Everything Comes at a Price
It’s been too long since I published anything. Weeks seemed to disappear in minutes until over a month had vanished. My plans didn’t stand a chance against reality.
Best laid plans
I had it all mapped out last fall. I would continue to homeschool my daughter Amelia, try to ramp up my online writing time with an eye toward breaking into markets that paid better than what I could earn collecting cans on the highway, and work on getting healthier so I could have a knee operation. I figured I could balance it all while dealing with household responsibilities and an energy-zapping chronic illness by compartmentalizing each task and leaving pockets of rest time. Life wasn’t perfect, but I was limping along — no pun intended.
I abandoned my seemingly futile job search to put my work-related energy toward freelance writing. I started publishing on my website and other sites that offered negligible pay at best but let me flex my writing muscles, and I planned to find my way to paying clients, but I stalled out. I’d begun to harbor doubts about my ability to successfully break into freelancing when I received an email from someone who’d seen a recommendation my former boss posted about me. He needed a writer and editor on a contract basis, and while I wasn’t looking for long-term contract work, a bird in the hand is worth a heck of a lot more than two in the bush when you can’t even locate the shrubbery. The hours were flexible, the pay was good, the CEO was fantastic, and the company was promising, so I signed on with them. While this was, and still is, an excellent decision, it left me with a new dilemma.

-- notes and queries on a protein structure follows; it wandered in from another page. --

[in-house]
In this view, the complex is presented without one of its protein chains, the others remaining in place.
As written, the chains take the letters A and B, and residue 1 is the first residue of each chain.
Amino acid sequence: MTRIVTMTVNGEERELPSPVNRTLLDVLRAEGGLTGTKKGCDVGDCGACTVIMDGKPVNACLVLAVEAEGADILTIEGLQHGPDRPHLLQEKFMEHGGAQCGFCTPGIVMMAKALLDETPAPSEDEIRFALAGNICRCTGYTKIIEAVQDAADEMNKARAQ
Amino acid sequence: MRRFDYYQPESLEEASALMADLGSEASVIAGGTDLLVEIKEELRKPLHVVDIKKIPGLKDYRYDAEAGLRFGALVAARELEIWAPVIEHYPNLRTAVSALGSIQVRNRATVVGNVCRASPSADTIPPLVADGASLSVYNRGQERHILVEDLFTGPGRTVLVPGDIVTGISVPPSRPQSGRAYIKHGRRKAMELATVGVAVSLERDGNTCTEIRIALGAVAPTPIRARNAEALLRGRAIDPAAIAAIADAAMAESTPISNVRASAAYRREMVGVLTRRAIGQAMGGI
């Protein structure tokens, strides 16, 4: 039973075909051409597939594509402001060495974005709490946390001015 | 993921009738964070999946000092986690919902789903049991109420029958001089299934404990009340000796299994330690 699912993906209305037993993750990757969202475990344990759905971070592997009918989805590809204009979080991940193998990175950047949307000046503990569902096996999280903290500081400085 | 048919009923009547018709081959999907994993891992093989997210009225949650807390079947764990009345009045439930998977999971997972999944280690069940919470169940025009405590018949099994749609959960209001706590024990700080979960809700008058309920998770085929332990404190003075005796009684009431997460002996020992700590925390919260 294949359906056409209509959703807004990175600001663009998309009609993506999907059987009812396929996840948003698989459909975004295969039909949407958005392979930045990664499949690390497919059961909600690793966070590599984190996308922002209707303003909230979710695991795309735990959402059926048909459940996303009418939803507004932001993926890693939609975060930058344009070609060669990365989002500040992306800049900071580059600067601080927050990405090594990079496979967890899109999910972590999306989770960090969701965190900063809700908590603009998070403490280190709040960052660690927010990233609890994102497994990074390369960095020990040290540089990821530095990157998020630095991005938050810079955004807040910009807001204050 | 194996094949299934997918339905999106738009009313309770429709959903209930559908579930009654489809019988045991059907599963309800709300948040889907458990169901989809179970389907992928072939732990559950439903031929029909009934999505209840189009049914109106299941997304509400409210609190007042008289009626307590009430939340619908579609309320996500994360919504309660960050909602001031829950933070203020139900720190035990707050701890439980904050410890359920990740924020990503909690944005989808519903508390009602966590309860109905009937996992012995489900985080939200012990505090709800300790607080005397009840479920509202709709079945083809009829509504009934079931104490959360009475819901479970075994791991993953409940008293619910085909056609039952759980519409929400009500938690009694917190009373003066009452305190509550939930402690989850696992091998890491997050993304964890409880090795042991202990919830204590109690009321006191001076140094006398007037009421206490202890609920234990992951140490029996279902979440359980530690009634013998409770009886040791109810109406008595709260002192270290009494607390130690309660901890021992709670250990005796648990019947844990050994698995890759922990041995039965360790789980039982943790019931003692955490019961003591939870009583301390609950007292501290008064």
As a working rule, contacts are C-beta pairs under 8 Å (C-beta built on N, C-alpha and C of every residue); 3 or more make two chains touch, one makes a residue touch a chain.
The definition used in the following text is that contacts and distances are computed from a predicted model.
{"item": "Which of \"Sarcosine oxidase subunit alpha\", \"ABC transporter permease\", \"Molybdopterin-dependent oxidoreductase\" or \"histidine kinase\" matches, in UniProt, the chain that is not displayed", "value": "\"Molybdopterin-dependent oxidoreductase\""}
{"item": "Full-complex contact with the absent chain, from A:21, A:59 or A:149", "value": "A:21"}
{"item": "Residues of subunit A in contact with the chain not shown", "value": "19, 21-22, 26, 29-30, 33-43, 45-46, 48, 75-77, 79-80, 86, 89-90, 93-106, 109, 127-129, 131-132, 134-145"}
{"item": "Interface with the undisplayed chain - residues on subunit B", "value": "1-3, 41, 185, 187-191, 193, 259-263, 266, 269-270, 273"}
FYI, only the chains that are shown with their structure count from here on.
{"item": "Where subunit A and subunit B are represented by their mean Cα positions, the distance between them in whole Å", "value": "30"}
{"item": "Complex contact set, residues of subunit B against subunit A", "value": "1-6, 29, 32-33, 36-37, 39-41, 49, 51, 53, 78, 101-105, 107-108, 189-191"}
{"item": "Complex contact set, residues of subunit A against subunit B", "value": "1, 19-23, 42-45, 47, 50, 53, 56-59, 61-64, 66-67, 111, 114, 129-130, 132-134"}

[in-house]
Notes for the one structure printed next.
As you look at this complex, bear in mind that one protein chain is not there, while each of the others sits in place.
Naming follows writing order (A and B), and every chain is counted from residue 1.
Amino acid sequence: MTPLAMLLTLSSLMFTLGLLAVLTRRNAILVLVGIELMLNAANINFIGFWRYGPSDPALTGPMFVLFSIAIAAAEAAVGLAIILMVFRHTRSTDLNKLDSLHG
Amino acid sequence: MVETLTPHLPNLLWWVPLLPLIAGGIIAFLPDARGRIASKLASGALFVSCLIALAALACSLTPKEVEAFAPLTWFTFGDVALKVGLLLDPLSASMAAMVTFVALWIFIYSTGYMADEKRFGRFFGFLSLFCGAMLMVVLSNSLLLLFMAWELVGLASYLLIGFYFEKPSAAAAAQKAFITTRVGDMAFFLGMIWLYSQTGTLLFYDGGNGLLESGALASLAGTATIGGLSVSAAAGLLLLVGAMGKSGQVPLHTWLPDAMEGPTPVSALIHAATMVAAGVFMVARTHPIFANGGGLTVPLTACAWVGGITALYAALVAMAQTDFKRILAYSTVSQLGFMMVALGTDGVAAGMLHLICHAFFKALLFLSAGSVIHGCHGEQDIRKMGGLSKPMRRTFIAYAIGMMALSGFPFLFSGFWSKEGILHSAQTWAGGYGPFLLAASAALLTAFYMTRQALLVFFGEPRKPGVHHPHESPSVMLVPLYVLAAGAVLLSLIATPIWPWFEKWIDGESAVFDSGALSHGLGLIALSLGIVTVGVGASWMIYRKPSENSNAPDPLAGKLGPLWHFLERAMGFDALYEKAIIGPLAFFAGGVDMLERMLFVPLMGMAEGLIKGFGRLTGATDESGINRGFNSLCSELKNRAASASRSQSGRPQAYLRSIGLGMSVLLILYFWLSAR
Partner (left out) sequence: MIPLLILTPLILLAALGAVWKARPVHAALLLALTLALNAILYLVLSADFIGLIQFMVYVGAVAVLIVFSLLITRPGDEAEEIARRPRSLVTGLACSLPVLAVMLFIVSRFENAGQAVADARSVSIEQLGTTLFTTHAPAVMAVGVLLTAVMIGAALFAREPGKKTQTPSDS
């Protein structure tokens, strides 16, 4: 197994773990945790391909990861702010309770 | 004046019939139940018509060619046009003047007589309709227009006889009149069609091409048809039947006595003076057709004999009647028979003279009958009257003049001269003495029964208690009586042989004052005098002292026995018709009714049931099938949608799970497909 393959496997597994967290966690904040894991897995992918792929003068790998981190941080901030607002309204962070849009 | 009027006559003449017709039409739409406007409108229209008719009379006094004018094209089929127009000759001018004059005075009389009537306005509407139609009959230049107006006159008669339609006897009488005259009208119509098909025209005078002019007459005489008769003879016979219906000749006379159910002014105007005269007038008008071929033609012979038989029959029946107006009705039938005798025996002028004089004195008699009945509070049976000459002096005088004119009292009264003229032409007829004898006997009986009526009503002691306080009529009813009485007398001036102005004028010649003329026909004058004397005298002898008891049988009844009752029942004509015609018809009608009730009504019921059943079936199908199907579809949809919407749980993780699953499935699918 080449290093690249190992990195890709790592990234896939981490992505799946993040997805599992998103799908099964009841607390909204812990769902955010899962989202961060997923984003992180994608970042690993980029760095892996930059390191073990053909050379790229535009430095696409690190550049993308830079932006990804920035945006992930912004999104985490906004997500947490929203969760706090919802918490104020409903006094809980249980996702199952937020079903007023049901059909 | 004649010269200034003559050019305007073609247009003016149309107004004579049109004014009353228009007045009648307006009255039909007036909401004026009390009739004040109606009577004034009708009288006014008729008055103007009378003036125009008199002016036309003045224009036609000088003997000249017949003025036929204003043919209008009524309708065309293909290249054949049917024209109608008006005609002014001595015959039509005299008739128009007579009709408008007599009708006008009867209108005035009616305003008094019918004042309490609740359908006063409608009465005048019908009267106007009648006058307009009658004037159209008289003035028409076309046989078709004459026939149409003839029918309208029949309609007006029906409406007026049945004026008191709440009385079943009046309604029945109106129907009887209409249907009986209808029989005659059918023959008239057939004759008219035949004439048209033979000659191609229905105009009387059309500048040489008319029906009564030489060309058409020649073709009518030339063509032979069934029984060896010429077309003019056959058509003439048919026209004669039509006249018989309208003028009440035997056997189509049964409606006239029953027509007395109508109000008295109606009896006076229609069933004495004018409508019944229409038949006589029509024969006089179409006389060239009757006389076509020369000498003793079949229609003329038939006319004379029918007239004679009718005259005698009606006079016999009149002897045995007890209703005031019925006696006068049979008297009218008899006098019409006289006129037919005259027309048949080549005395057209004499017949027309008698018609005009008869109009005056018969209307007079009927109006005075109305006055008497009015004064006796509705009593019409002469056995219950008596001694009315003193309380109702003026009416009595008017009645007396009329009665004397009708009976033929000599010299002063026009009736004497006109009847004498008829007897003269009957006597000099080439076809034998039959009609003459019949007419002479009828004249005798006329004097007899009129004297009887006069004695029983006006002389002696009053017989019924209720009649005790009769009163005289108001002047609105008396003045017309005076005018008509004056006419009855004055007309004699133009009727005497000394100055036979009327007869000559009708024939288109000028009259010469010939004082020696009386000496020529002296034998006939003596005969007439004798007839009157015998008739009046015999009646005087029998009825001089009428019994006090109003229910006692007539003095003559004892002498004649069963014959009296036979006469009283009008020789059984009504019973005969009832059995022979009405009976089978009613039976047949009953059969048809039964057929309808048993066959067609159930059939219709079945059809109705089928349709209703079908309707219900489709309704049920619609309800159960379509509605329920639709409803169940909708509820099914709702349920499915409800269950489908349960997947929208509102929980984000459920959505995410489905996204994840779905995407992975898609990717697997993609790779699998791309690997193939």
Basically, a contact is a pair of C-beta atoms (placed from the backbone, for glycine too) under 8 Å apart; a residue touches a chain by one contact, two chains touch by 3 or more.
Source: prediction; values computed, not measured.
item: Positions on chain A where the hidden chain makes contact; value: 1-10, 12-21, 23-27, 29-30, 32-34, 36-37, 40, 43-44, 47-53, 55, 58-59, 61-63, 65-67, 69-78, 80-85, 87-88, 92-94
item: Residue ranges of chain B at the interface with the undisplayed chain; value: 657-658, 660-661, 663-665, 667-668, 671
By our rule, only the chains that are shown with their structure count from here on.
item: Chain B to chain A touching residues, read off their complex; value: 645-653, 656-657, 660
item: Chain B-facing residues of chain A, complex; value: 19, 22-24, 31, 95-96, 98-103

Everything can’t be first
Many of my priorities have little to no flexibility — can’t tell my achy joints to come back tomorrow or put my child on ice for a few days, after all — so my new contract was carving time from the one place it could: writing. The result was that every time I wrote something that wasn’t connected to work, it felt like I was being frivolous. Similarly, if I was working on contract-related tasks, I felt like I was turning my back on anything else writing-related. This pattern continued for a couple of months until I…